Fed’s moves continue to harm community banks

One size fits all approach to anything saves some but kills others. So goes the Federal Reserve’s policy of continually raising interest rates in an effort to curb inflation. While the “too big to fail” banks get plenty of help from the federal government small institutions struggle to compete.

Hopefully the fed can slow down its continued rate hikes. I know they’re likely to continue to raise them in the coming months, and maybe over the next year, but if they slow down the rate of increase maybe smaller institutions will have the ability to respond to the changing environment.

When the Fed started raising interest rates to fight inflation, the conventional wisdom was that it would be a boon for Main Street banks. They were expected to increase the rates they charged on loans faster than those paid to depositors, pocketing the difference.

Instead, the opposite is happening. The Fed’s hikes and the failures of a trio of midsize banks are prompting once-loyal customers to pull their money out of checking accounts that pay no interest. Banks are paying much higher rates on the deposits they are retaining, which is eclipsing the benefit of charging more on loans. They also are hoarding cash and tapping high-cost loans in response to the recent failures.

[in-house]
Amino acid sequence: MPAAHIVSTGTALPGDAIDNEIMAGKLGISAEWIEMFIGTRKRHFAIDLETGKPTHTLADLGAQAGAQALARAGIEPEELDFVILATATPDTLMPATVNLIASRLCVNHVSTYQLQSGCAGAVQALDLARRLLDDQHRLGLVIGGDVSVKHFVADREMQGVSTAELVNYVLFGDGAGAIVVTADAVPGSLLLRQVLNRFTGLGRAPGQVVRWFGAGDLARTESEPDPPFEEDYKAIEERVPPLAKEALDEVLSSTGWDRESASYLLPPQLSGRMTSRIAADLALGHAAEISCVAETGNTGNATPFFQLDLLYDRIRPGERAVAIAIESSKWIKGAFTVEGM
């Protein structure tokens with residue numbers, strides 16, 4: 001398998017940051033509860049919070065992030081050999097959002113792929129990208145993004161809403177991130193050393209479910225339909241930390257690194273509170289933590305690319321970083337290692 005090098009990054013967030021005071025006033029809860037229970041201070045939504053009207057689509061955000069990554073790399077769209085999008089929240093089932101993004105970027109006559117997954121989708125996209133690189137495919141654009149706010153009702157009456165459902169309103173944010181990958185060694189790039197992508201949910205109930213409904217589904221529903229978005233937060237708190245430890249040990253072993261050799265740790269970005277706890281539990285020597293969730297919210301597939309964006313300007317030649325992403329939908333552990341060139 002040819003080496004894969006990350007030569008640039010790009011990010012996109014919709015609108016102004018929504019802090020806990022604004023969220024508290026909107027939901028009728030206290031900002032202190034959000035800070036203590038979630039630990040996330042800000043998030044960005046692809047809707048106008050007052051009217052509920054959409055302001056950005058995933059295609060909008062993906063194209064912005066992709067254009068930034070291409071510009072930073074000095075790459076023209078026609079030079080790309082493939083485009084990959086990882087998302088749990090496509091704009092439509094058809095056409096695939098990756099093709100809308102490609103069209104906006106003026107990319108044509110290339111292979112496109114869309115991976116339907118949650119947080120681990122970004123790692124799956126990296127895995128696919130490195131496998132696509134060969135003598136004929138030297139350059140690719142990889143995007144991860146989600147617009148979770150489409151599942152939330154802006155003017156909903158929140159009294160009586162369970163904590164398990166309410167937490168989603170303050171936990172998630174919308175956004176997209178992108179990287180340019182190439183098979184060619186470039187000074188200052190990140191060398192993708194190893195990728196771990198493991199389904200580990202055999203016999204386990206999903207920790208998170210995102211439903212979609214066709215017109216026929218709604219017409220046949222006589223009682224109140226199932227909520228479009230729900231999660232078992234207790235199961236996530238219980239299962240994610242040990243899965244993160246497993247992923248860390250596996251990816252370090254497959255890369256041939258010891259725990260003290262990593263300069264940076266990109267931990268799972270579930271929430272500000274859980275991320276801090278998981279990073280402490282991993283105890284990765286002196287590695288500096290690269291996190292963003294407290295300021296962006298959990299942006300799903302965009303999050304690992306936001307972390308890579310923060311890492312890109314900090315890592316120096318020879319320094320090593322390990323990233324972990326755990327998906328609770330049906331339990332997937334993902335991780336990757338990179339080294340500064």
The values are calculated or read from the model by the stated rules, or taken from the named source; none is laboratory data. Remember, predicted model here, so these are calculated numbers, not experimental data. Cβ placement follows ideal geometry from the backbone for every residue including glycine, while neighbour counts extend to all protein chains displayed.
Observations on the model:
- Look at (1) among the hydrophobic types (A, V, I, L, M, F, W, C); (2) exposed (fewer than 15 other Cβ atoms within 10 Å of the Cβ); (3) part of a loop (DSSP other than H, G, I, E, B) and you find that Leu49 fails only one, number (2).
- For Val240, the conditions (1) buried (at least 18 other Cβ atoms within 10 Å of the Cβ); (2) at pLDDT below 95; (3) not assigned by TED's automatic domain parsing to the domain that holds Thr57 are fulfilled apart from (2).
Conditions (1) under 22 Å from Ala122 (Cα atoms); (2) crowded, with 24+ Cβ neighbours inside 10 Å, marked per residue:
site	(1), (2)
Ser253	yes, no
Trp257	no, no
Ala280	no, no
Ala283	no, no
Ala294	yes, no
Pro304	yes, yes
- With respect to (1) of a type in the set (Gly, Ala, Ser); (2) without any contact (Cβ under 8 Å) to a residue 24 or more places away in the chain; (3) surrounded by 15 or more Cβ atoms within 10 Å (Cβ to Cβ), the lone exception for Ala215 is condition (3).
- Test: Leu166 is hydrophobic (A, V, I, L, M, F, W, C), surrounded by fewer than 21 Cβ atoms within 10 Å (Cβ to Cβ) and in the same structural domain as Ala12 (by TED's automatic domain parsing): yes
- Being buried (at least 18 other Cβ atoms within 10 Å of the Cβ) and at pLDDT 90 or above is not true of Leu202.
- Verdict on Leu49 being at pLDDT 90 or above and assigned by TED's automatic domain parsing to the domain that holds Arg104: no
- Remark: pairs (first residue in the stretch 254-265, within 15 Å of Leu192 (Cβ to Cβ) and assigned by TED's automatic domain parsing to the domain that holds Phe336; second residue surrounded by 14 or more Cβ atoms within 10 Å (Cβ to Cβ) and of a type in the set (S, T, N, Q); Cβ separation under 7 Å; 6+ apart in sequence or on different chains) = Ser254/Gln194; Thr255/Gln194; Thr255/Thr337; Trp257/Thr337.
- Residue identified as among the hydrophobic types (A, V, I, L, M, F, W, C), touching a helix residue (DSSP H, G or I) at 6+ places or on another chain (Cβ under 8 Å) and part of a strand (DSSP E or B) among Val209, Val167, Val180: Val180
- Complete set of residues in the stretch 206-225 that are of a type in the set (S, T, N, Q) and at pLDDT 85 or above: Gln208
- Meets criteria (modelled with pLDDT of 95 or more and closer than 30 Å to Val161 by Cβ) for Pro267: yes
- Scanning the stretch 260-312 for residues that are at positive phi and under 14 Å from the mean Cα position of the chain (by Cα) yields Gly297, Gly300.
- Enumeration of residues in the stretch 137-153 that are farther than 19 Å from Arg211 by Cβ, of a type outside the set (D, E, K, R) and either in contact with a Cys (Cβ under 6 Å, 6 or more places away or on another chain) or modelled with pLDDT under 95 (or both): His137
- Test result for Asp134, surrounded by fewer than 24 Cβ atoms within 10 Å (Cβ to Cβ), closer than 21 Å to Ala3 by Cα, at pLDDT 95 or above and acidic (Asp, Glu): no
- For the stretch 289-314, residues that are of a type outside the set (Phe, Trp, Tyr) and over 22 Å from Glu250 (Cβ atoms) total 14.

In the first quarter, community banks paid on average 1.14% on deposits, up 0.39 percentage point from the prior quarter, according to the Federal Deposit Insurance Corp. They earned 5.36% on loans, up 0.16 percentage point from the prior quarter. 

Community banks, which are smaller lenders that focus on plain-vanilla lending to their communities, are especially dependent on this type of interest income. Megabanks are also getting pinched by higher deposit rates, but they have the cushion of fee-based income from big trading, investment-banking and wealth-management businesses.  

Community banks’ profits are expected to decline 23% this year, according to S&P Global Market Intelligence. That is steeper than the 18% decline that S&P forecasts for banks across the industry. Scarce deposits are expected to contribute to a lending slowdown. Any economic downturn or trouble in commercial real estate would only heighten the strain. 

Everyone Wants Interest on Their Deposits. That’s Bad for Main Street Banks. – WSJ (no paywall)